• [0053]
    Thus, for digital SLMs the above methods and system allow for increase gray scale levels without increasing a conventional number of passes and/or pulses than conventionally done. Also, for analog SLMs, the above methods and systems allow for enhancing a number of gray scale levels beyond what is already mechanically feasible without increasing a conventional number of passes or pulses.
  • CONCLUSION
  • [0054]
    While various embodiments of the present invention have been described above, it should be understood that they have been presented by way of example only, and not limitation. It will be apparent to persons skilled in the relevant art that various changes in form and detail can be made therein without departing from the spirit and scope of the invention. Thus, the breadth and scope of the present invention should not be limited by any of the above-described exemplary embodiments, but should be defined only in accordance with the following claims and their equivalents.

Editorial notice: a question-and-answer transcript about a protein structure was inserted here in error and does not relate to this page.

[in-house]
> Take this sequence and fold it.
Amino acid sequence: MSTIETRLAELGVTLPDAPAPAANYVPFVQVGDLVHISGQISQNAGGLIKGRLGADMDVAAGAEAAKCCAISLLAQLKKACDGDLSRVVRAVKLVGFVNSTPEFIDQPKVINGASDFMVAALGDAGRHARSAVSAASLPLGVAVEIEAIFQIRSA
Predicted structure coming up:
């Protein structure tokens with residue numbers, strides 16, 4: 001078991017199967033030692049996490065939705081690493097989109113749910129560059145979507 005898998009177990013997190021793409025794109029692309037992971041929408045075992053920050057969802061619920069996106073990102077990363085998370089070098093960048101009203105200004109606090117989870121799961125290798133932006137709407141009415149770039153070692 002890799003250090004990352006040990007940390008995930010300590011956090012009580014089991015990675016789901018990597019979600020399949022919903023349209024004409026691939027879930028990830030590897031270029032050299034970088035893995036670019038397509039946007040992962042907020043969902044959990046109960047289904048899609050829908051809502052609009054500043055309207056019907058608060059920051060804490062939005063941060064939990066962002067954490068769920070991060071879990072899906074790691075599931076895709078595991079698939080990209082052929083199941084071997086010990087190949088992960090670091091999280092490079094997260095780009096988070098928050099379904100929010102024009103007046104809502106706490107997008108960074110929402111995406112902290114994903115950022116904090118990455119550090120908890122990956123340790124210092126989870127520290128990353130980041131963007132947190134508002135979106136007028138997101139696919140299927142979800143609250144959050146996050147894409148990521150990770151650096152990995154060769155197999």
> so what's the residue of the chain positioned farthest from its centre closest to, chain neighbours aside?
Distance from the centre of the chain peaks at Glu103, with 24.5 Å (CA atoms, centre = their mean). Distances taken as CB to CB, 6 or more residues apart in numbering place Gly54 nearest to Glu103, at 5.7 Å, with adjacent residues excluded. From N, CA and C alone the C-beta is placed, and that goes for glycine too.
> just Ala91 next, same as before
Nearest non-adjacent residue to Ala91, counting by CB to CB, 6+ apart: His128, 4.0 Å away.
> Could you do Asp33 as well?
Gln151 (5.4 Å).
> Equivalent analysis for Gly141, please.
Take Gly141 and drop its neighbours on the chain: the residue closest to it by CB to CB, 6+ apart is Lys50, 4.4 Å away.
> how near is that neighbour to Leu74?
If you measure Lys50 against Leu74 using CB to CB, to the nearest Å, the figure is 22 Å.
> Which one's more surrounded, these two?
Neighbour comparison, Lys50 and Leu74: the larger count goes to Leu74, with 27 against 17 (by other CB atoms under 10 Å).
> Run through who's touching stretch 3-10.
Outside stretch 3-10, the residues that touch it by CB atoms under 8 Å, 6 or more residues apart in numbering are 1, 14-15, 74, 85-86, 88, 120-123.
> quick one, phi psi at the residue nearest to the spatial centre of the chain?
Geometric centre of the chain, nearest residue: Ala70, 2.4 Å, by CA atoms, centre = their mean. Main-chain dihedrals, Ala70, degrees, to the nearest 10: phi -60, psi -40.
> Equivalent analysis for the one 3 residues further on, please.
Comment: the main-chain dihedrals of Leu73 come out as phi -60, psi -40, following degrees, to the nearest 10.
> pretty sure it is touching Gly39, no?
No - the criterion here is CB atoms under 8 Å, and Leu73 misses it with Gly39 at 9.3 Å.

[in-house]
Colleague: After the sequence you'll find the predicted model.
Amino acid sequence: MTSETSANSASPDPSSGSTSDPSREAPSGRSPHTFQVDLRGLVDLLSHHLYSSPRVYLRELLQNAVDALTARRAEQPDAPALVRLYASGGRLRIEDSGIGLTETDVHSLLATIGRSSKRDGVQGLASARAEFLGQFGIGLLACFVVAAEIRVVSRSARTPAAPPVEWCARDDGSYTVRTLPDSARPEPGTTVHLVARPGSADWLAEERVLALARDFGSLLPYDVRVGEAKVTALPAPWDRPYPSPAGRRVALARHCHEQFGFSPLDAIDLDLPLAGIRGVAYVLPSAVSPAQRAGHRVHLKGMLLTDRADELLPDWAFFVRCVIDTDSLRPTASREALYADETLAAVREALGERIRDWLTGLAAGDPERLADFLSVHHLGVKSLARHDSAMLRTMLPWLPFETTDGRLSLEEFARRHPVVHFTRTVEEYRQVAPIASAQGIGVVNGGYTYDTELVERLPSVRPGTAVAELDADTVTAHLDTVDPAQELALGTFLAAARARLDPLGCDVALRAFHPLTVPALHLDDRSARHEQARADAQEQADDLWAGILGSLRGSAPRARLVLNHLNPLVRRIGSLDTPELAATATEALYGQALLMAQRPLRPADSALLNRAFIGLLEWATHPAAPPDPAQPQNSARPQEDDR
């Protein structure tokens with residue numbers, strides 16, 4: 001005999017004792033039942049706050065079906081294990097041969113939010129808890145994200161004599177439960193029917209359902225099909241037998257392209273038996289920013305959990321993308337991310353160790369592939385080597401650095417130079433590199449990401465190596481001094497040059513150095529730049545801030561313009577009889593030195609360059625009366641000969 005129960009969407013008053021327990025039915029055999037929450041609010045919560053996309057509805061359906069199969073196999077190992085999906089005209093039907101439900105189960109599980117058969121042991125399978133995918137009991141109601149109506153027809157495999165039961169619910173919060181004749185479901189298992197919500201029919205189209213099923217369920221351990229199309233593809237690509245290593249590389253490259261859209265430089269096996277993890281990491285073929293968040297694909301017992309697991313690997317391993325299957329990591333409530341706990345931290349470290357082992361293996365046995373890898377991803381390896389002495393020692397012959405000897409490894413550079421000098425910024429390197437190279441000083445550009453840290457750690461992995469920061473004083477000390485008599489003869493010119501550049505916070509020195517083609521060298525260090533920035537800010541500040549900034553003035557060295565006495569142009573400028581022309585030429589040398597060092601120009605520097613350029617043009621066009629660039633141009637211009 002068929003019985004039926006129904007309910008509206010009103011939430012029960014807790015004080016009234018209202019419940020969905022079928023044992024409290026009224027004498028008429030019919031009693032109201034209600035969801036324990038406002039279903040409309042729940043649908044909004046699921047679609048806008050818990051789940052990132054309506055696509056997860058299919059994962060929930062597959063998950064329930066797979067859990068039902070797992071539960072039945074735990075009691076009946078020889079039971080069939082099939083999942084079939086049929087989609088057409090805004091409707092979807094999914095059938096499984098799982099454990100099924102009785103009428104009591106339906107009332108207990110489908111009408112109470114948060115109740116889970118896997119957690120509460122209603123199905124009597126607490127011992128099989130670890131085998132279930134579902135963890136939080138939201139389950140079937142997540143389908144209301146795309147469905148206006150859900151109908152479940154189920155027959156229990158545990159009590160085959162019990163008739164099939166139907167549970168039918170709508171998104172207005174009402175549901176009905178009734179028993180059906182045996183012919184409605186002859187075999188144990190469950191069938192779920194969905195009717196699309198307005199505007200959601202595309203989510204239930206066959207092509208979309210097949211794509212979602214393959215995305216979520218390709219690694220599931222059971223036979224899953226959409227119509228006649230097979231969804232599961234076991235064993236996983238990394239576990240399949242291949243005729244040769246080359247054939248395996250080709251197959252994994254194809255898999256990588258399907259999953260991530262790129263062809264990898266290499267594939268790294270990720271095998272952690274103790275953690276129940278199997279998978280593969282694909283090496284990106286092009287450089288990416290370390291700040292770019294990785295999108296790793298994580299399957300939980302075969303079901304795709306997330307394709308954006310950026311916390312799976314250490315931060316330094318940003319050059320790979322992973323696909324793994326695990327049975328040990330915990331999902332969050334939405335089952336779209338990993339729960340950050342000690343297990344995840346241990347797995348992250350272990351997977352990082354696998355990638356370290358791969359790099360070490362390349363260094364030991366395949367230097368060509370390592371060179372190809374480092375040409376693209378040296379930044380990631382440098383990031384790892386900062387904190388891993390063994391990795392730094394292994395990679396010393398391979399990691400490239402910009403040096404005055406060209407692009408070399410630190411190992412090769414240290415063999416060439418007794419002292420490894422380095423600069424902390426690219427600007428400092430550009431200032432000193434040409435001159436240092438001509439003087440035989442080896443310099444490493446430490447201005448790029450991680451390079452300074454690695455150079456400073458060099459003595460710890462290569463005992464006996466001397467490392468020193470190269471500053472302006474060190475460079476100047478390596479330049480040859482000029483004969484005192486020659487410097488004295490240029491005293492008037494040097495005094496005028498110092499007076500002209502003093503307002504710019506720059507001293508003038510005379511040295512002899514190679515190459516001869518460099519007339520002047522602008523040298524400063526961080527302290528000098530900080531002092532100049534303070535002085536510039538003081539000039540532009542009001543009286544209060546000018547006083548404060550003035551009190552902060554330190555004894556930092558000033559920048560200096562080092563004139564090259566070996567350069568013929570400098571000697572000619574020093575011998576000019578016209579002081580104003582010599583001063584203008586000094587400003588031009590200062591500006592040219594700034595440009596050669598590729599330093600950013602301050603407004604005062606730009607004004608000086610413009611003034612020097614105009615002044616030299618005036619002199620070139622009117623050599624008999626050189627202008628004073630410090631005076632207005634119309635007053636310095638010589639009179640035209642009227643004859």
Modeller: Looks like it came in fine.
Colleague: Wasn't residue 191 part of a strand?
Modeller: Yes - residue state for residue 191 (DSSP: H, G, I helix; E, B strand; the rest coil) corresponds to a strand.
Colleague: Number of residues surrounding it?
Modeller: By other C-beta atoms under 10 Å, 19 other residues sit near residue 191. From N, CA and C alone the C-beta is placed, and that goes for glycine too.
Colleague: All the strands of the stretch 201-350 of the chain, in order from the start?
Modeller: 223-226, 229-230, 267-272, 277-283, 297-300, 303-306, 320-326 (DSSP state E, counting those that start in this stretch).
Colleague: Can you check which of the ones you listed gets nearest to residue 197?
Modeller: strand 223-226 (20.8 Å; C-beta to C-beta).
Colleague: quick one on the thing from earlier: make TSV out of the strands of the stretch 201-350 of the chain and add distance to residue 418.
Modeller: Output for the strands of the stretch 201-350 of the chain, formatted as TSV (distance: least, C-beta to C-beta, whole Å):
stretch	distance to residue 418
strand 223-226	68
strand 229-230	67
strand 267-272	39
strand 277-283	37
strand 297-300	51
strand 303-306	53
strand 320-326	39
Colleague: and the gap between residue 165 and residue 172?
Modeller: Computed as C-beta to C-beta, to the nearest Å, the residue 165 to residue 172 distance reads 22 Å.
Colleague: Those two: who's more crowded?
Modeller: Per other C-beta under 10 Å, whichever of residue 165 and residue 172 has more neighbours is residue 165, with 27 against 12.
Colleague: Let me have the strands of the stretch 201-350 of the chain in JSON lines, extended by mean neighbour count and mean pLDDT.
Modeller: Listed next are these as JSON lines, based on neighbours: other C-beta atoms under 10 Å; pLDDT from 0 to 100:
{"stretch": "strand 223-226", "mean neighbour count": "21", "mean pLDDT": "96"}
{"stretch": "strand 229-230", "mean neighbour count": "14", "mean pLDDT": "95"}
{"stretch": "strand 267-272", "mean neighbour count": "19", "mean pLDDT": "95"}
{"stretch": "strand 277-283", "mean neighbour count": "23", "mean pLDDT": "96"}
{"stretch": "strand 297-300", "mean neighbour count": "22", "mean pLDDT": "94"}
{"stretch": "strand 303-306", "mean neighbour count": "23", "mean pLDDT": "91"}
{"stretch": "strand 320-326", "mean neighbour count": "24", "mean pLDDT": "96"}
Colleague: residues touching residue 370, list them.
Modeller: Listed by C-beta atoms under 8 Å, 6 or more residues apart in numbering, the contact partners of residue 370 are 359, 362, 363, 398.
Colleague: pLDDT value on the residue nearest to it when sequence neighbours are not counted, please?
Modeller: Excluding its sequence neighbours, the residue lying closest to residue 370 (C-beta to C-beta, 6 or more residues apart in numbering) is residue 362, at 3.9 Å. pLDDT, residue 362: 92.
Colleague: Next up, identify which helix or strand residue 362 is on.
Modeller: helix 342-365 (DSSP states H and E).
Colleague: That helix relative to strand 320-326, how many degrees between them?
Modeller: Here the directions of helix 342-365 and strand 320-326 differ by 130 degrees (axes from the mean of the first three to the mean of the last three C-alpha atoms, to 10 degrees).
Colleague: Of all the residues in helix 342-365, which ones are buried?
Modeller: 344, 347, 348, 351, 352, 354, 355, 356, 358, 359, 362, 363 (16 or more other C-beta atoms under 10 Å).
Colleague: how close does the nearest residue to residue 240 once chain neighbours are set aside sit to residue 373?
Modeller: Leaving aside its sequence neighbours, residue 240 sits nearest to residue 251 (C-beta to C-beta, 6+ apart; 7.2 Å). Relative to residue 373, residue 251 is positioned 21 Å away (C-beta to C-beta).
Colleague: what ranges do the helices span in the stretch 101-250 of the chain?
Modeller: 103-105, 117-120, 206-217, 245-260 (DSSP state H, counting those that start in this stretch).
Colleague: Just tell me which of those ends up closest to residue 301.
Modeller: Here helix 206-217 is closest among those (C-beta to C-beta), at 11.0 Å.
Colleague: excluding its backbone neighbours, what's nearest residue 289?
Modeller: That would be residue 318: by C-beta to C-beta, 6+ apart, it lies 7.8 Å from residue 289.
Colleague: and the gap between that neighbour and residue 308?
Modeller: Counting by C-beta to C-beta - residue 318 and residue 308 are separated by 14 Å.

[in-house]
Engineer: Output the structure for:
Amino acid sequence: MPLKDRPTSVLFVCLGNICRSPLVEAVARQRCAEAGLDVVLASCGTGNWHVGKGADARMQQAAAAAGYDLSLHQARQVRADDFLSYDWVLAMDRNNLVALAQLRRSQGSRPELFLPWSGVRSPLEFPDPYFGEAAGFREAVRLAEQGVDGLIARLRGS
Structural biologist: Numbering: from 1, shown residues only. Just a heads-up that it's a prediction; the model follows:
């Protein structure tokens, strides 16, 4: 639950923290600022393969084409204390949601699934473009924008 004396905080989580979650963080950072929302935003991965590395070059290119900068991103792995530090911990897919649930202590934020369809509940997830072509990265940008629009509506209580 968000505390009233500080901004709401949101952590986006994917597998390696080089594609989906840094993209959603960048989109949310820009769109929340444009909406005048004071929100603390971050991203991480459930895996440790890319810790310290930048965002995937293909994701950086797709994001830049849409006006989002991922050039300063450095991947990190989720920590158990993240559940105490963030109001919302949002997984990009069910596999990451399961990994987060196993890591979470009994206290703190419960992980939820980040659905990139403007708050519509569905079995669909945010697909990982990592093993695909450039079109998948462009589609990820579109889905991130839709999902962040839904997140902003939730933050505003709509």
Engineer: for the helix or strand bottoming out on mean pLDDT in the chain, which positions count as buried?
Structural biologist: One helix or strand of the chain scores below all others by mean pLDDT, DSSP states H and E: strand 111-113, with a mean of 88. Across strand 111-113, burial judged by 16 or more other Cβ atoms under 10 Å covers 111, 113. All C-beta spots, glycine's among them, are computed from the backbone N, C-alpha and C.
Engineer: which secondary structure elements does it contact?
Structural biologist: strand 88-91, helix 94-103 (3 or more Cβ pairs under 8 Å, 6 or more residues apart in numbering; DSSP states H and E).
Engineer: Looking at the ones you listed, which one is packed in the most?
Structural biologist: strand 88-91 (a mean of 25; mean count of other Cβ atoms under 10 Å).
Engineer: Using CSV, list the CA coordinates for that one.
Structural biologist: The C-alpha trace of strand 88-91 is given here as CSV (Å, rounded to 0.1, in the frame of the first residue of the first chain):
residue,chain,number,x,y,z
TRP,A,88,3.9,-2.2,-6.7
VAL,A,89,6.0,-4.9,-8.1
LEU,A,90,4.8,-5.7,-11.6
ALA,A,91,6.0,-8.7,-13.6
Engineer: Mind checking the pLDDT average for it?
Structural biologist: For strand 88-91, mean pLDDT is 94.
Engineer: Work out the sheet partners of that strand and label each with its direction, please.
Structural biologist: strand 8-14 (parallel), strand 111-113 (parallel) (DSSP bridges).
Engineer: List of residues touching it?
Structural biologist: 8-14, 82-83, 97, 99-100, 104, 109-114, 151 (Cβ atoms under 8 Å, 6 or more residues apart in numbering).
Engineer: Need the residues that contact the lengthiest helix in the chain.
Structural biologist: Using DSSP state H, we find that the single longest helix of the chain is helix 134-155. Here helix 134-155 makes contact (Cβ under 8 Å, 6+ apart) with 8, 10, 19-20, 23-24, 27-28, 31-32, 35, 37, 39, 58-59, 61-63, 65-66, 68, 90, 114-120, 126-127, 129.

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US7259831 *Apr 4, 2006Aug 21, 2007Asml Holding, N.V.Methods and systems to compensate for a stitching disturbance of a printed pattern in a maskless lithography system utilizing overlap without an explicit attenuation
US7336290Jan 7, 2004Feb 26, 2008Texas Instruments IncorporatedMethod and apparatus for increasing a perceived resolution of a display
US7630054Dec 8, 2009Asml Holding N.V.Methods and systems to compensate for a stitching disturbance of a printed pattern
US7688423Mar 30, 2010Asml Holding N.V.Methods and systems to compensate for a stitching disturbance of a printed pattern in a maskless lithography system not utilizing overlap of the exposure zones
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US7995094Aug 9, 2011Pilkington PlcGlazing inspection
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US8723846Aug 22, 2011May 13, 2014Texas Instruments IncorporatedMethod and apparatus for increasing a perceived resolution of a display